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If you are in the market for a new home, you are probably realizing the real estate and mortgage worlds use words and terms that are unfamiliar to “regular folk.” One such term is Private Mortgage Insurance, or PMI for short.
PMI in a nutshell
Private Mortgage Insurance is a way to ensure the lender will be paid back in full should the borrower not pay back the mortgage. PMI is protection for the lender, not the borrower. If you fail to make your mortgage payments, you will still face foreclosure even if you’re paying for PMI.
Who has to pay for it?
PMI premiums are paid for by the borrower. The premium can be paid in one of two ways: a lump sum, or in monthly installments. If paid as a lump sum, it will be included with the closing costs. Or, it may be included as a line item in your mortgage statement and identified as your monthly premium for PMI. Some loans require both a payment at closing and an additional monthly premium.
Not all mortgages require PMI. In general, loans made where the principal total is 80 percent or less of the sale price of the home don’t require PMI. If you put 20 percent down, lenders see that as a sign that you’re a safe risk.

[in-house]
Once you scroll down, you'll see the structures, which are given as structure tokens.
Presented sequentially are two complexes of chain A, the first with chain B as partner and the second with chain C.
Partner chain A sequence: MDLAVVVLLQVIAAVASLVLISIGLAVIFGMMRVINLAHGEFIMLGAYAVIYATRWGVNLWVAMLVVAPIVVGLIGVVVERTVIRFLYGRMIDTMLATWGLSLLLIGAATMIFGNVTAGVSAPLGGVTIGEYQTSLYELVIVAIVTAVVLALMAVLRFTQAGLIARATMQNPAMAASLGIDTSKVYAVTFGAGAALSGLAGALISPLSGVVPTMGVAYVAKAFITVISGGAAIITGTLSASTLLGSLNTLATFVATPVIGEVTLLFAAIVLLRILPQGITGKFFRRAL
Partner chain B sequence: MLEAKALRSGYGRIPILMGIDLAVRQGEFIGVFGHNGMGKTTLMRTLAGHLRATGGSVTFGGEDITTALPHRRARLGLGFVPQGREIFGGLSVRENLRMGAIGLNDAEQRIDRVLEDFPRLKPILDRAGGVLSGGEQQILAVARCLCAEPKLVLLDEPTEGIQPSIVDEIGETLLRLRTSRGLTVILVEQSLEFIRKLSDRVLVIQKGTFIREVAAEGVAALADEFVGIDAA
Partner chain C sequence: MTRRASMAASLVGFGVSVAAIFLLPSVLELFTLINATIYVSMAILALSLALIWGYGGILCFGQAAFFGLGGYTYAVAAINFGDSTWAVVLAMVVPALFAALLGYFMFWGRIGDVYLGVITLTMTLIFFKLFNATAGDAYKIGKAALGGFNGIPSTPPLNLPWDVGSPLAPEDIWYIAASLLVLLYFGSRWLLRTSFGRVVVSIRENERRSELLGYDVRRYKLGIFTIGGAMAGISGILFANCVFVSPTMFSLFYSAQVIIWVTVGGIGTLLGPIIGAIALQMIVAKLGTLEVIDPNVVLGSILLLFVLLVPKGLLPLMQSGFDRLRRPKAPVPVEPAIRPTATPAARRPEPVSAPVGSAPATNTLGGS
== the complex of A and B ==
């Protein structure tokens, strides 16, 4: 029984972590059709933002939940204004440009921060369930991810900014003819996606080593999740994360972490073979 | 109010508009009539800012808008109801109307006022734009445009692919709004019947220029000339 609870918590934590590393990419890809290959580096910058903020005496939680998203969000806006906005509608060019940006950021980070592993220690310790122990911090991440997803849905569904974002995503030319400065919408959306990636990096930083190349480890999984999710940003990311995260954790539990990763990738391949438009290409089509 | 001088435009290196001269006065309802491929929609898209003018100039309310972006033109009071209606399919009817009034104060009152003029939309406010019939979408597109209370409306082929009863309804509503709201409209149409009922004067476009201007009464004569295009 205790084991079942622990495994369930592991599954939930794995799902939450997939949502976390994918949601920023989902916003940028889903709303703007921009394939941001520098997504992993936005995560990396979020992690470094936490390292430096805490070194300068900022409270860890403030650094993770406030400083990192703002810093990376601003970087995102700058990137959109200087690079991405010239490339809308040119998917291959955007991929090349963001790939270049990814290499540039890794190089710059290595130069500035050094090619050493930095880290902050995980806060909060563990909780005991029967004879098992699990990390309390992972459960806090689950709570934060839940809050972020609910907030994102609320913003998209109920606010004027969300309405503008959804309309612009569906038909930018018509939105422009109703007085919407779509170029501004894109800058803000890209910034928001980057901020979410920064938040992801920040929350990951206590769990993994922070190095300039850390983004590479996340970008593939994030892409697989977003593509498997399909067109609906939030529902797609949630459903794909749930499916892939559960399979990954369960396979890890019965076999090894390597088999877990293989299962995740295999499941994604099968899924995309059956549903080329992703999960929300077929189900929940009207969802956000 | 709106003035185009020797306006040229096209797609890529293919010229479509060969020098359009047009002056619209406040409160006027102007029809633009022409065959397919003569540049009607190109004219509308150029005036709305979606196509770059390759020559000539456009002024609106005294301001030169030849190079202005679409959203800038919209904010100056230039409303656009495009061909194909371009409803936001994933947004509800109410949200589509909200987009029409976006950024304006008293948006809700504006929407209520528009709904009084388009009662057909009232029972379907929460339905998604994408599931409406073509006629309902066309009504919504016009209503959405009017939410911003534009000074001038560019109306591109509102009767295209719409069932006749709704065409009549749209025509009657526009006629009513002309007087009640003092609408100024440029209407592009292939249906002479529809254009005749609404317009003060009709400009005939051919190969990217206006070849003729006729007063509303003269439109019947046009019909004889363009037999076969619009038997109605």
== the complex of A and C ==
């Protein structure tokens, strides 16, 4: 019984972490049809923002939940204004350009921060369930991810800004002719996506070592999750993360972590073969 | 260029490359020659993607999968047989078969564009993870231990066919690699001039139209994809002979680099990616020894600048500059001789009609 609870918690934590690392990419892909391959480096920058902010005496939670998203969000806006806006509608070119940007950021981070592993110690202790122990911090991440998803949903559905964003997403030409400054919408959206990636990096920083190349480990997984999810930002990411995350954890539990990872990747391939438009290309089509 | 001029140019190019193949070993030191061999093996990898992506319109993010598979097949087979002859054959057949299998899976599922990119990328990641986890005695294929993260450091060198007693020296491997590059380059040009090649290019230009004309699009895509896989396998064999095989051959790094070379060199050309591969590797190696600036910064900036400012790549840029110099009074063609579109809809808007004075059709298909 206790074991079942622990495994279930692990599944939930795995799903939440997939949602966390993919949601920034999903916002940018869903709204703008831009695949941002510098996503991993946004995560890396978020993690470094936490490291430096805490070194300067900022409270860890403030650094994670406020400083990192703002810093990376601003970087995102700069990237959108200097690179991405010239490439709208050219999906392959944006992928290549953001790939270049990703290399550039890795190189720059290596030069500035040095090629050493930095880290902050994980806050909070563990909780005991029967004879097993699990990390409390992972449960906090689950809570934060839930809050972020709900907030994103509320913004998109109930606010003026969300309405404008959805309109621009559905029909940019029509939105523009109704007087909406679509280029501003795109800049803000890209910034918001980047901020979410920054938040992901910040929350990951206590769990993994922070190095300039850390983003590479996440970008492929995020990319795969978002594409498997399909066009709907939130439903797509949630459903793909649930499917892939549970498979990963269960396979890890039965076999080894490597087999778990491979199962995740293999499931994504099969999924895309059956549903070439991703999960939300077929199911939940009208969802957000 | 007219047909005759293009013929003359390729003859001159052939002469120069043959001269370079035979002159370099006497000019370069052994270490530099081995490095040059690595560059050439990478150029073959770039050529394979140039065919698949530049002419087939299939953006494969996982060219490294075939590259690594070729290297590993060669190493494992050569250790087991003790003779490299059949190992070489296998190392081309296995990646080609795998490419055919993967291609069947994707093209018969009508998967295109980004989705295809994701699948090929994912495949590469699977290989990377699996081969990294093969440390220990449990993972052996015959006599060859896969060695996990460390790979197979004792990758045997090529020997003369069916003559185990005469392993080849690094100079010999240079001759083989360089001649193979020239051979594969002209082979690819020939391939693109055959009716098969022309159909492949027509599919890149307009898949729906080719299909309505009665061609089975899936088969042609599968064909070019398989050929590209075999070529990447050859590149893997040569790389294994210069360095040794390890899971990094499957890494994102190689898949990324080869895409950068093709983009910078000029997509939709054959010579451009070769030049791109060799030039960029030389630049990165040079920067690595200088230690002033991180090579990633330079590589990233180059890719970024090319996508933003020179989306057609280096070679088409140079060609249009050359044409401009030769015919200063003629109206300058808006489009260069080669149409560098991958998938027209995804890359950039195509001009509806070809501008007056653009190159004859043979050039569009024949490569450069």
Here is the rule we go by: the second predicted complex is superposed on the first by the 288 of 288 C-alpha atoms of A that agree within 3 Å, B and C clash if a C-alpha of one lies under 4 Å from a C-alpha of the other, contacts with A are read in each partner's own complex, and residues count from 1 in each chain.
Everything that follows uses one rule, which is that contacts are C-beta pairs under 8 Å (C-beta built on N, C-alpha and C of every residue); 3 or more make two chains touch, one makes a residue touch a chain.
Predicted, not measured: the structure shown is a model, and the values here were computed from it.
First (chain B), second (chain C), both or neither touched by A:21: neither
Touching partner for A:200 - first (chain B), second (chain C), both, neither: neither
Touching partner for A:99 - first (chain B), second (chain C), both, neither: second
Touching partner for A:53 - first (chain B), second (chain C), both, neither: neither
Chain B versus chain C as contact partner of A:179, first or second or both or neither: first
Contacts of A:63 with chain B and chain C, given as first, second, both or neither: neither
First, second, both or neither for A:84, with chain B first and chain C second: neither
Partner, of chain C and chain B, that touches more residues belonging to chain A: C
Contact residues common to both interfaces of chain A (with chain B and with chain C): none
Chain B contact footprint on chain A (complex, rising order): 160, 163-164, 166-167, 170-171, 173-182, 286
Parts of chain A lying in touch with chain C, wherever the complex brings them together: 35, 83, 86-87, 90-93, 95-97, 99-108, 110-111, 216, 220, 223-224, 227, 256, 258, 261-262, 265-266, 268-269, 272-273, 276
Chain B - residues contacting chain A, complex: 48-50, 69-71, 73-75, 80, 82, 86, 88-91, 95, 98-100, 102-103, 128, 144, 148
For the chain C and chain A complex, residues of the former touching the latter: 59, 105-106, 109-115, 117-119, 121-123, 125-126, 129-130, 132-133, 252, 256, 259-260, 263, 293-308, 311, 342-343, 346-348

Home buyers that put down less than 20 percent may have to pay for PMI. Typically, costs are between 0.5 and 1.0 percent of the total value of the loan, with riskier loans requiring higher PMI payments.
When can I stop paying for PMI?
Once you’ve paid down enough of the loan to have 20 percent equity in your home (meaning your loan amount is less than 80 percent of the home’s market value), most lenders will no longer require you to have PMI.
Even once you reach 20 percent equity, you may have to pay for PMI a little longer. Policies are generally purchased for a year, and monthly payments are held in escrow to cover yearly premiums. You may have to continue paying the premium until the year in which you reach 20 percent equity ends.